|Publication number||US6694551 B1|
|Application number||US 10/331,355|
|Publication date||Feb 24, 2004|
|Filing date||Dec 30, 2002|
|Priority date||Dec 30, 2002|
|Publication number||10331355, 331355, US 6694551 B1, US 6694551B1, US-B1-6694551, US6694551 B1, US6694551B1|
|Inventors||Alfonso R. Garrido|
|Original Assignee||Alpa, Inc.|
|Export Citation||BiBTeX, EndNote, RefMan|
|Patent Citations (8), Classifications (7), Legal Events (3)|
|External Links: USPTO, USPTO Assignment, Espacenet|
1. Field of the Invention
This invention relates to an article of manufacture. More specifically, this invention is directed to a device suitable for use in both recreational and commercial environments to support an individual's face, without restriction of vision or breathing, when the individual is in a prone, face down reclining position.
2. Background of Invention
Recliners or chaise loungers have traditional been constructed of multiple discrete sections to support different areas of the human body. More specifically, such recliner or loungers generally have a discrete section or area designed to support the legs, another section for the low back and yet another section for the neck or head. In each instance, these sections are biased, in terms or design and construction, to accommodate a unique area of the human physique, either through physical shape or resistance/support or a combination of the two. In a number of instance such recliners and loungers have been adapted to accommodate an individual in a face down reclining position. Such face down recliners are commonly found in chiropractic offices or in salons that provide message therapy; and, to a lesser degree in beach and patio furniture.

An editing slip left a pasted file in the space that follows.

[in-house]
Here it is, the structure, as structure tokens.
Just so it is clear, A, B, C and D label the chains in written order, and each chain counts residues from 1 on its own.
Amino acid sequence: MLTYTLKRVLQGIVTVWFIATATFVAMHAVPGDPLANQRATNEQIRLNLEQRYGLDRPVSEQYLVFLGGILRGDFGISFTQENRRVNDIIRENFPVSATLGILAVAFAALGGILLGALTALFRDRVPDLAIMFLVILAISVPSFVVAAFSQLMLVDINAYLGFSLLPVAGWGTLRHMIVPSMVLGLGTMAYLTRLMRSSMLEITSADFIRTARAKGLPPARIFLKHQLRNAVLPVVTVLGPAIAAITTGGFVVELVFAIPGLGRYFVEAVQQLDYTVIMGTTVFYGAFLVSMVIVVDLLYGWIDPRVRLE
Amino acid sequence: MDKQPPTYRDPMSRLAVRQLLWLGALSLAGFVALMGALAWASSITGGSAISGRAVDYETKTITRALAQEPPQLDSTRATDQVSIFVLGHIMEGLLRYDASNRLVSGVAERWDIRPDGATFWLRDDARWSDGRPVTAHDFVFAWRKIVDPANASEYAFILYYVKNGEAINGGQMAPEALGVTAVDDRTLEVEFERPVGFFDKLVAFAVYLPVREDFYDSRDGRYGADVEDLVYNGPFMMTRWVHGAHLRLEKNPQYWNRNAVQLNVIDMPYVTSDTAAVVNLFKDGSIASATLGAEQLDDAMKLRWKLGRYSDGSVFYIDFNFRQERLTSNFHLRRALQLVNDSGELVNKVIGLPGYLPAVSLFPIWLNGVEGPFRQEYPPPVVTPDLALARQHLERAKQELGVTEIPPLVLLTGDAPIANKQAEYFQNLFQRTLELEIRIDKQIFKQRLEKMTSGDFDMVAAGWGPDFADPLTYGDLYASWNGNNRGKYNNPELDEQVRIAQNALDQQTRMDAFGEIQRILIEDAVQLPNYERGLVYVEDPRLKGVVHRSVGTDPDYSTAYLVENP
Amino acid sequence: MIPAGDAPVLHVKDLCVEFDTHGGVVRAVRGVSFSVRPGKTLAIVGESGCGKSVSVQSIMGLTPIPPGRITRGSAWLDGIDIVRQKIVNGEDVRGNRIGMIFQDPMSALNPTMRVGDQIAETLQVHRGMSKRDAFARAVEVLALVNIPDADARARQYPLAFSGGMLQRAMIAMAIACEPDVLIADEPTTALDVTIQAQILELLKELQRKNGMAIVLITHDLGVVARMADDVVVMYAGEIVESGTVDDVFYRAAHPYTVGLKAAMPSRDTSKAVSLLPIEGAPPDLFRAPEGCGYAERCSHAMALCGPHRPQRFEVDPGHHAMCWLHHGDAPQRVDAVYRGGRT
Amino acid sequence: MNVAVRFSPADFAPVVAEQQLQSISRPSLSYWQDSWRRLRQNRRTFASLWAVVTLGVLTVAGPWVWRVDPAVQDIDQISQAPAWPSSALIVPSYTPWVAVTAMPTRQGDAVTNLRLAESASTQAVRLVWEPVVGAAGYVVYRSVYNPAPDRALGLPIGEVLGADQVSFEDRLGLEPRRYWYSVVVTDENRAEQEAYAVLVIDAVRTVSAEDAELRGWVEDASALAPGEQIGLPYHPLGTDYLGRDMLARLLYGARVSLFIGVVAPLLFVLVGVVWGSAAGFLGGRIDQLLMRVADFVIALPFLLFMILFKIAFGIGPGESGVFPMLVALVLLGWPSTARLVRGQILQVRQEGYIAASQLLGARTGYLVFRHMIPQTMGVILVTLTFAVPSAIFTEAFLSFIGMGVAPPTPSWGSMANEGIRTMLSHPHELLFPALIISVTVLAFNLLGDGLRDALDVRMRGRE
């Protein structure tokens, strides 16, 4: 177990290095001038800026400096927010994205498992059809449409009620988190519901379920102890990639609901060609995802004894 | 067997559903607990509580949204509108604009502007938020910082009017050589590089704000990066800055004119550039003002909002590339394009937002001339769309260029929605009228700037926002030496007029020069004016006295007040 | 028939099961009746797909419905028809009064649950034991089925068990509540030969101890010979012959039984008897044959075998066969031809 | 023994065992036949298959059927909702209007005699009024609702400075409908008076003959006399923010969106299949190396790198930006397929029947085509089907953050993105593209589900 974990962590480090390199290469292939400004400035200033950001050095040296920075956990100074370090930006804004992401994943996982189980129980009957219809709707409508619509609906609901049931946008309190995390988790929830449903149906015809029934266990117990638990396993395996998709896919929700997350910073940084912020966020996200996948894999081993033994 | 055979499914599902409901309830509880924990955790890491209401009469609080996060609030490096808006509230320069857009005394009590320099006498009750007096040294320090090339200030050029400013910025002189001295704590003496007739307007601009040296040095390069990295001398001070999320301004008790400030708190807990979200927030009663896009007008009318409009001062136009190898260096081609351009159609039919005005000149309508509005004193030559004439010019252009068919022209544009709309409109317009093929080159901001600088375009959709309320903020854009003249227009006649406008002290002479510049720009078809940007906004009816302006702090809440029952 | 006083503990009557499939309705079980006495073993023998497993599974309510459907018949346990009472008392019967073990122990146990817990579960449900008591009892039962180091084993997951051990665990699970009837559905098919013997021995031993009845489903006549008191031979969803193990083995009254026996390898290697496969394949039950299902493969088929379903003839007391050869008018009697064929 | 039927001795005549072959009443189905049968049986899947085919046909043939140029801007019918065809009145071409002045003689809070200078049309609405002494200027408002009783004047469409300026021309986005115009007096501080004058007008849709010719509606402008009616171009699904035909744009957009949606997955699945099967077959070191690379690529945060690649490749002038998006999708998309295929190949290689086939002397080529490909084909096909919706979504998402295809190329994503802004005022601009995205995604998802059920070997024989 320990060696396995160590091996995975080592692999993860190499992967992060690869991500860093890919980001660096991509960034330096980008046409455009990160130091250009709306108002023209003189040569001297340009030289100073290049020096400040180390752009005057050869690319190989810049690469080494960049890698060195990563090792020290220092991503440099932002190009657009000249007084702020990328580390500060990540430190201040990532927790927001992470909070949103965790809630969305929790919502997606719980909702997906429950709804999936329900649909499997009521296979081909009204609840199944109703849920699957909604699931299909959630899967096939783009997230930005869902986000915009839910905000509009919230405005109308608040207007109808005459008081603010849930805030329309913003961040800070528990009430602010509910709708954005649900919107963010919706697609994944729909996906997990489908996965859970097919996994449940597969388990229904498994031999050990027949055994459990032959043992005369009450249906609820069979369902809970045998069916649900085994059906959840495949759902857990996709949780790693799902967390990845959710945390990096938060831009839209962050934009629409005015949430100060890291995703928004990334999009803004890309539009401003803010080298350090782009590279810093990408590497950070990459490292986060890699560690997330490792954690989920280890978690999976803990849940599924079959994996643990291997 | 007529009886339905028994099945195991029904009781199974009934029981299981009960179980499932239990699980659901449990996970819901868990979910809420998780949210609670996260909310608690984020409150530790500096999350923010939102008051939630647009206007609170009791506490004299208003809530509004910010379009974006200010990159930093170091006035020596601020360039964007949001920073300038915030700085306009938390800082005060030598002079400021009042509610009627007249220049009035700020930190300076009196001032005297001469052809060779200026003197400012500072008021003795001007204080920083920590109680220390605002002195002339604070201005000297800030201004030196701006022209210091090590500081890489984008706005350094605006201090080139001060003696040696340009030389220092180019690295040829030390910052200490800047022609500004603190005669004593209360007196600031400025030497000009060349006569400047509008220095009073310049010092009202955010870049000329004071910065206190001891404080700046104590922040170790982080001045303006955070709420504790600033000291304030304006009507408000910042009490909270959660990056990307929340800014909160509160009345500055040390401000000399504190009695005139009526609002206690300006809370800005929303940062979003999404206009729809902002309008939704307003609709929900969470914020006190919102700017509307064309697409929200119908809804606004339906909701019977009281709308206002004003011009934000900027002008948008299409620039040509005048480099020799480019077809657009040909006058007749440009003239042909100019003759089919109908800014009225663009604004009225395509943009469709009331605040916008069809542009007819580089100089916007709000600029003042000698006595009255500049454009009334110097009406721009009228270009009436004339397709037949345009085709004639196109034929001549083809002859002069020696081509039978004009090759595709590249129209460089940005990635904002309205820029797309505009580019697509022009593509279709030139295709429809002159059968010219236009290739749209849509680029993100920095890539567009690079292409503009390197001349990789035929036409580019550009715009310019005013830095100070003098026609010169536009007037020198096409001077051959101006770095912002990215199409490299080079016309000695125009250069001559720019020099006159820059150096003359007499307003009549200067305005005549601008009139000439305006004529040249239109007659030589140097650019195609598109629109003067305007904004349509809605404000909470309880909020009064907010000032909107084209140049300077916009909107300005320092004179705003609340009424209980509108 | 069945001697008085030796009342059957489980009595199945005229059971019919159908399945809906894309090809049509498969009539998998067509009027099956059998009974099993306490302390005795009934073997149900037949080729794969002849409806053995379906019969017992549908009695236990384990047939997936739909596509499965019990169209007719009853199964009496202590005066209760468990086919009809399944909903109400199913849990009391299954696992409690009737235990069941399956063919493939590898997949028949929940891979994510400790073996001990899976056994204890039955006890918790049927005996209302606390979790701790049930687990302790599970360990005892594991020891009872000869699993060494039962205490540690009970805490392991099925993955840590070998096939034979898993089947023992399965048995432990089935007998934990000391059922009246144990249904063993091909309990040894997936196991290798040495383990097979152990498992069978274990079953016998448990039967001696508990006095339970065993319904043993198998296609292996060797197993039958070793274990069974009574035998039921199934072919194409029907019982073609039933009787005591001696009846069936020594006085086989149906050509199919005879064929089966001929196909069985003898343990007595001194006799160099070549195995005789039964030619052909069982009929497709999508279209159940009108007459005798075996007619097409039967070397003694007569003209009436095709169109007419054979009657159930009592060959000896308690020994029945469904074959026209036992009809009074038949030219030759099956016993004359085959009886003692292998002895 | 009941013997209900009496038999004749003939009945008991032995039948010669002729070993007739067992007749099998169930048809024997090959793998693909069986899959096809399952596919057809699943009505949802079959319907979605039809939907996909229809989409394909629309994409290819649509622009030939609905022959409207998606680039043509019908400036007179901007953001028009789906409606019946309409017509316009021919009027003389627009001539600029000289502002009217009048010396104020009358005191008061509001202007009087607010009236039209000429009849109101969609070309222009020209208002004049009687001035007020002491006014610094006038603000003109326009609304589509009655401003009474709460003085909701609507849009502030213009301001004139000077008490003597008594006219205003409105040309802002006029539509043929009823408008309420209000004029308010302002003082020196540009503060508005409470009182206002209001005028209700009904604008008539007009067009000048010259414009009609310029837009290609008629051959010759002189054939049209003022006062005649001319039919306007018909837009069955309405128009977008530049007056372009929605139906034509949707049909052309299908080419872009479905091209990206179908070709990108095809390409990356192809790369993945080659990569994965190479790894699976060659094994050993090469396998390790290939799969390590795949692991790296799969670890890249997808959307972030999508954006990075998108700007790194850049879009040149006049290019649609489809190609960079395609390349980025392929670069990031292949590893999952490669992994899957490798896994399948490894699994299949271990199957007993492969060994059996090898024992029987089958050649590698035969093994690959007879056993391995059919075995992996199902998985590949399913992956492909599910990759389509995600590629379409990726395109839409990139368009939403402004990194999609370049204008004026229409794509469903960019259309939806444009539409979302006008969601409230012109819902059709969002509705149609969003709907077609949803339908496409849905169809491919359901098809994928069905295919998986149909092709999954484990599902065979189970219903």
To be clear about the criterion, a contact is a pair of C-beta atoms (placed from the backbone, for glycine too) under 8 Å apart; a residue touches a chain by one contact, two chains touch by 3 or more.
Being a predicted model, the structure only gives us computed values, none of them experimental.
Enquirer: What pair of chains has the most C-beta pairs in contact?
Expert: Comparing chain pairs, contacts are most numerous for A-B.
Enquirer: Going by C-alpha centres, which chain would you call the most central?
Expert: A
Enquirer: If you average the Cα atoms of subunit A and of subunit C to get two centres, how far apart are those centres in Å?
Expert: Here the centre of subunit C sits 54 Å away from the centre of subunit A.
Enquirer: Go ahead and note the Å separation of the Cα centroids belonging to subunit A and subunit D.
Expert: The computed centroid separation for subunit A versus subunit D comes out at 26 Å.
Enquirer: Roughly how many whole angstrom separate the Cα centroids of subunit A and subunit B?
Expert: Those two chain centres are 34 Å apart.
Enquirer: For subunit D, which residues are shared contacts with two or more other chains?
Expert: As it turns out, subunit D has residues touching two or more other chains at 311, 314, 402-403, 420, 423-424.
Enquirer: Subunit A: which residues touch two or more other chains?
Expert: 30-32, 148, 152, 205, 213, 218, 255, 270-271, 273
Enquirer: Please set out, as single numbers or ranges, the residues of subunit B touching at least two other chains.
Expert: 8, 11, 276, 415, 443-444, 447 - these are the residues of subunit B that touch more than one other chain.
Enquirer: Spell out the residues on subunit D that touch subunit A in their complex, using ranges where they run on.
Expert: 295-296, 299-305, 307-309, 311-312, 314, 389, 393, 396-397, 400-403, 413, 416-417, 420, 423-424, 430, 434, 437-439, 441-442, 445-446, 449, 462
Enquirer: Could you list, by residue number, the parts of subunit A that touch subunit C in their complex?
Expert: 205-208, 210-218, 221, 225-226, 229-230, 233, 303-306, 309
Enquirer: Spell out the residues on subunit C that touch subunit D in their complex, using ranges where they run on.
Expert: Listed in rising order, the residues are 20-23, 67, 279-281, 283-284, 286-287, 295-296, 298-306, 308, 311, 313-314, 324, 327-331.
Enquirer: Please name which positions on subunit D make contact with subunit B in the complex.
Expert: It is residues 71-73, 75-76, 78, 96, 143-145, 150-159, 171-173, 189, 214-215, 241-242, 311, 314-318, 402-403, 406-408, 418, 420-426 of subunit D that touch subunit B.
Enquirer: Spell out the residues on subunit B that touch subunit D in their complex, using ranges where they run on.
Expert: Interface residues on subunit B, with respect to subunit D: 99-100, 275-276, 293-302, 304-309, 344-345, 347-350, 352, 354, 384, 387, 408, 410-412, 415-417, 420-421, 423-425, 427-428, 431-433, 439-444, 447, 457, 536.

The following patent are representative of the types of recliners and loungers that have been adapted for support of an individual in a prone, face down reclining position.
U.S. Pat. No. 5,237,713 (to Prager, issued Aug. 24, 1993) discloses a lounge cushion having discrete areas, wherein each area is specific for proper cervical, lumbar and leg support of individual, when lying on one's back. Additionally, the Prager design incorporates an orifice in the back section of the cushion, which he characterizes as a “prone-face opening” This prone-face opening permits an individual to lie on his stomach without turning his head to one side or the other, thereby eliminating possible stress to the cervical spine, or to the musculature associated with the neck. The Prager design requires a frame for support of the cushion, and means for adjustment of the support bolsters associated with the cushion, to tailor the fit of the cushion to different body structures and dimensions.
U.S. Pat. No. 6,128,797 (to Shaffer, issued Oct. 10, 2000) discloses a body support cushion or pad for face down tanning, or a massage. The Shaffer support cushion is made from any suitable material that is firm enough to support a person's body, yet soft enough to be comfortable for a person's face. In a preferred embodiment, the Shaffer support cushion is composed of foam rubber so as to enhance the softness of the cushion. The cushion has an elongated recess for accommodating a person's face. Ventilation apertures extend from each side of the pad, and are in fluid communication with the elongated facial recess, to provide air circulation. The cushion provides a proper postural position when a person is lying in a prone position.